Joan B. Silk examines Frans de Waal's treatise on the evolution of animal intelligence.
Ole Jorgen Liodden/Nature Picture Library
A woodpecker finch (Camarhynchus pallidus) uses a stick for foraging.
In Are We Smart Enough to Know How Smart Animals Are?, ethologist Frans de Waal celebrates the evolution of intelligence in nature. His is an entertaining account of how octopuses escape from jars by unscrewing the lids and rooks drop pebbles into a tube to access floating rewards. Natural selection, he argues, shapes cognitive abilities in the same way as it shapes traits such as wing length. As animals' challenges and habitats differ, so do their cognitive abilities. This idea, which he calls evolutionary cognition, has gained traction in psychology and biology in the past few decades.
For de Waal, evolutionary cognition has two key consequences. First, it is inconsistent with the concept of a 'great chain of being' in which organisms can be ordered from primitive to advanced, simple to complex, stupid to smart. Name a 'unique' human trait, and biologists will find another organism with a similar one. Humans make and use tools; so do wild New Caledonian crows (Corvus moneduloides). Humans develop cultures; so do humpback whales (Megaptera novaeangliae), which socially transmit foraging techniques. We can mentally 'time travel', remembering past events and planning for the future; so can western scrub jays (Aphelocoma californica), which can recall what they had for breakfast on one day, anticipate whether they will be given breakfast the next and selectively cache food when breakfast won't be delivered.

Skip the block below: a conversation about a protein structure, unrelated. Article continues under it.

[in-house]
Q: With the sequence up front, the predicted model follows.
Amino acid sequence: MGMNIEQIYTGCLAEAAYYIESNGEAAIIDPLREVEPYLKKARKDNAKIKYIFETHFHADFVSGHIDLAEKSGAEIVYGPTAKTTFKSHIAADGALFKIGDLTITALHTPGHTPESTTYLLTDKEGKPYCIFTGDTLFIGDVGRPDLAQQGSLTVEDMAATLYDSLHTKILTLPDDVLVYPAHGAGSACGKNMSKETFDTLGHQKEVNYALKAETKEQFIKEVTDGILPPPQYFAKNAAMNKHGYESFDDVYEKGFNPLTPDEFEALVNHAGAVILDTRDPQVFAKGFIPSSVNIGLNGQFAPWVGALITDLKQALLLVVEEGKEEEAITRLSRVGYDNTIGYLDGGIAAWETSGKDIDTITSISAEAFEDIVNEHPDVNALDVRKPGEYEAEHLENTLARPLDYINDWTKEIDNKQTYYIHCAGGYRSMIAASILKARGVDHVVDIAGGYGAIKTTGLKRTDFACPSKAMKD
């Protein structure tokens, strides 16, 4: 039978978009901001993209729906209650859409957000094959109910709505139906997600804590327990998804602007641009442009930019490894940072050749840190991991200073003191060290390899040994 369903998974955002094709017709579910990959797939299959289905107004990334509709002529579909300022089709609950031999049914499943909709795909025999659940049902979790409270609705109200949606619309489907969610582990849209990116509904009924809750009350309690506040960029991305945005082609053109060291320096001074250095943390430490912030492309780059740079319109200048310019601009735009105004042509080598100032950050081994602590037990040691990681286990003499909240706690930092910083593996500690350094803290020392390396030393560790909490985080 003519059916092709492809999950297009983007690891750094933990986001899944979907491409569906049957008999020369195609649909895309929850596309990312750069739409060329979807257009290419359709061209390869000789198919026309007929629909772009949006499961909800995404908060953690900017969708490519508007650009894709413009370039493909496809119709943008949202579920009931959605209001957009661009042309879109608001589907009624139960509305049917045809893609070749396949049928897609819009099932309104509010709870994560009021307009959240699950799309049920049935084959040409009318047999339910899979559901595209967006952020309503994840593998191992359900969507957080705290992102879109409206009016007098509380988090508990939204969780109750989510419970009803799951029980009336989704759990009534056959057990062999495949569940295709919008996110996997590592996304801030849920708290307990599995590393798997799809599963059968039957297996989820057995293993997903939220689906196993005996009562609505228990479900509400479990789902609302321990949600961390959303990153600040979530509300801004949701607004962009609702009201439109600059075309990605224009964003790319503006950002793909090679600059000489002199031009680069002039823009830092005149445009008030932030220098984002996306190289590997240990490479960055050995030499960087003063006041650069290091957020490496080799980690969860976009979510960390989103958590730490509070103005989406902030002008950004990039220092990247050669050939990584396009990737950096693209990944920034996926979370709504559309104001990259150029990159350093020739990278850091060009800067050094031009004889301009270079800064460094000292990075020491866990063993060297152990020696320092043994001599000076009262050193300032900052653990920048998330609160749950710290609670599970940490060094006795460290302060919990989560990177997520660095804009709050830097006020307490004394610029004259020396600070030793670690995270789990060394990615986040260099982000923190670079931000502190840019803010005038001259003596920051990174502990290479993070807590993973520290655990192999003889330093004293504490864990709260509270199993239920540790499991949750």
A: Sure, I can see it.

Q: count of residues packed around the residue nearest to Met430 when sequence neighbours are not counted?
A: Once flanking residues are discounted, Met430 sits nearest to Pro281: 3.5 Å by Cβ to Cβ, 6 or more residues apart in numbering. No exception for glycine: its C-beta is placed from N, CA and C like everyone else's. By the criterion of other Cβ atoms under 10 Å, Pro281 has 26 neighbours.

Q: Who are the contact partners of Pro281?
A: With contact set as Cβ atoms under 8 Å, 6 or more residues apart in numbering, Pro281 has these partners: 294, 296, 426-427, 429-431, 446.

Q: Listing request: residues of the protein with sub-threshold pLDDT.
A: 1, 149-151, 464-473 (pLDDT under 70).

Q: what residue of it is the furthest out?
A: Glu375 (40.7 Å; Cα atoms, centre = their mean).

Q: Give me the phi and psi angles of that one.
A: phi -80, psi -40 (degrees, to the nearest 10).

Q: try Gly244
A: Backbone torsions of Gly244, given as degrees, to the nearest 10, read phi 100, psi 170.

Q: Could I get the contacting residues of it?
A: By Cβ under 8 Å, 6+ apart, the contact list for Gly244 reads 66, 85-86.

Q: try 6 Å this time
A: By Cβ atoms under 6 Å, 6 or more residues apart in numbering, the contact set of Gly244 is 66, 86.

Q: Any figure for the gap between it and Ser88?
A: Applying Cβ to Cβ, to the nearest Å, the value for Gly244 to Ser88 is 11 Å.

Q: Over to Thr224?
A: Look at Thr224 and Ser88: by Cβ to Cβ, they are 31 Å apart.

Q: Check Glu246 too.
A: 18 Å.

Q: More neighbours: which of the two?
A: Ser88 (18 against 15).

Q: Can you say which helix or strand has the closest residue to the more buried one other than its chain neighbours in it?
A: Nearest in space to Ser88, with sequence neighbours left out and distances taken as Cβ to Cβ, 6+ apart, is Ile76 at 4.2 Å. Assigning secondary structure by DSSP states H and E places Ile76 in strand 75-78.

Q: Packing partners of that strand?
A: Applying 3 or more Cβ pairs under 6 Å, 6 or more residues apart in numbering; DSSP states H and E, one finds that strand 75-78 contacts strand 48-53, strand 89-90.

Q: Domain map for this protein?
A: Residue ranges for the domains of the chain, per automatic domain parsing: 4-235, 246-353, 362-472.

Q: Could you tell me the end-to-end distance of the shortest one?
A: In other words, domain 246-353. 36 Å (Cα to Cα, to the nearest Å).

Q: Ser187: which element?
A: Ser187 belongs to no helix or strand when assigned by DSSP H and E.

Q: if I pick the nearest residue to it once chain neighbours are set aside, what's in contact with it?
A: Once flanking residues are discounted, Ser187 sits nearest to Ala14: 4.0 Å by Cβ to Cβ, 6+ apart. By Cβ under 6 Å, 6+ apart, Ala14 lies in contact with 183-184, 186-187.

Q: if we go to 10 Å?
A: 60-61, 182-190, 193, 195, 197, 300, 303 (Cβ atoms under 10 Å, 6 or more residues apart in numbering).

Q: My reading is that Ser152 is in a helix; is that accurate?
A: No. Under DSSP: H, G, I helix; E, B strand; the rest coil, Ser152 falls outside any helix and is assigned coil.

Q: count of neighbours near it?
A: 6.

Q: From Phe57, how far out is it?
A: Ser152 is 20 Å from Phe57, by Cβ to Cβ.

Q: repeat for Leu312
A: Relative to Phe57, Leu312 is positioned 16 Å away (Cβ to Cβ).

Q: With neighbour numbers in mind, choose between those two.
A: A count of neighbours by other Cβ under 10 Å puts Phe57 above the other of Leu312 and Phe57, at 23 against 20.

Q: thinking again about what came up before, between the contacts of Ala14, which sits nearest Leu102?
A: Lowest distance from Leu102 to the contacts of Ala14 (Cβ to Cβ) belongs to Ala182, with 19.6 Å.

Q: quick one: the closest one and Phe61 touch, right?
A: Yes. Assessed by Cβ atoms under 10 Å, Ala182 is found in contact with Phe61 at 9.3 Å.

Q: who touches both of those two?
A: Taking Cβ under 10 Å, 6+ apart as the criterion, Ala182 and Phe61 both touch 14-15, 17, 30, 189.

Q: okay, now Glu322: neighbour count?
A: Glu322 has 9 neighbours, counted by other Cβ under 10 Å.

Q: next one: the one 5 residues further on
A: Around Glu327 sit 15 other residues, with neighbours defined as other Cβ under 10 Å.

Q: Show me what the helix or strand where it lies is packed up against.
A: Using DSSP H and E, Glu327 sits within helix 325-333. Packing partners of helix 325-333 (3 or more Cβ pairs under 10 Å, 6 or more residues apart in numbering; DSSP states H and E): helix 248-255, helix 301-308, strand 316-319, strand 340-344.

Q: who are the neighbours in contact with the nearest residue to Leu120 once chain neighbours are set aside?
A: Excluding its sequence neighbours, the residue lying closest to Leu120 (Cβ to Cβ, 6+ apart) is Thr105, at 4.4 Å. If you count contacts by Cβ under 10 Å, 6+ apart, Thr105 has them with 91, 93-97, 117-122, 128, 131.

Furthermore, humans do not necessarily outdo other animals in all cognitive domains. Black-capped chickadees (Poecile atricapillus) store seeds in hundreds of locations each day, and can remember what they stored and where, as well as whether items in each location have been eaten, or stolen. Natural selection has favoured those prodigious feats of memory because they spell the difference between surviving winter and starving before spring. Human memory doesn't need to be as good: primates evolved in the tropics. “In the utilitarian view of biology,” de Waal argues, “animals have the brains they need — nothing more, nothing less.”
The second consequence of de Waal's view is that there is continuity across taxa. One source of continuity is based on evolutionary history: natural selection modifies traits to create new ones, producing commonalities among species with a common history. He points out that tool use is found not just in humans and chimpanzees, but also in other apes and monkeys, implying that relevant cognitive building blocks are shared across all primates. Continuity is also generated by convergent evolution, which produces similar traits in distantly related organisms such as New Caledonian crows and capuchin monkeys. De Waal opines that continuity “ought to be the default position for at least all mammals, and perhaps also birds and other vertebrates”.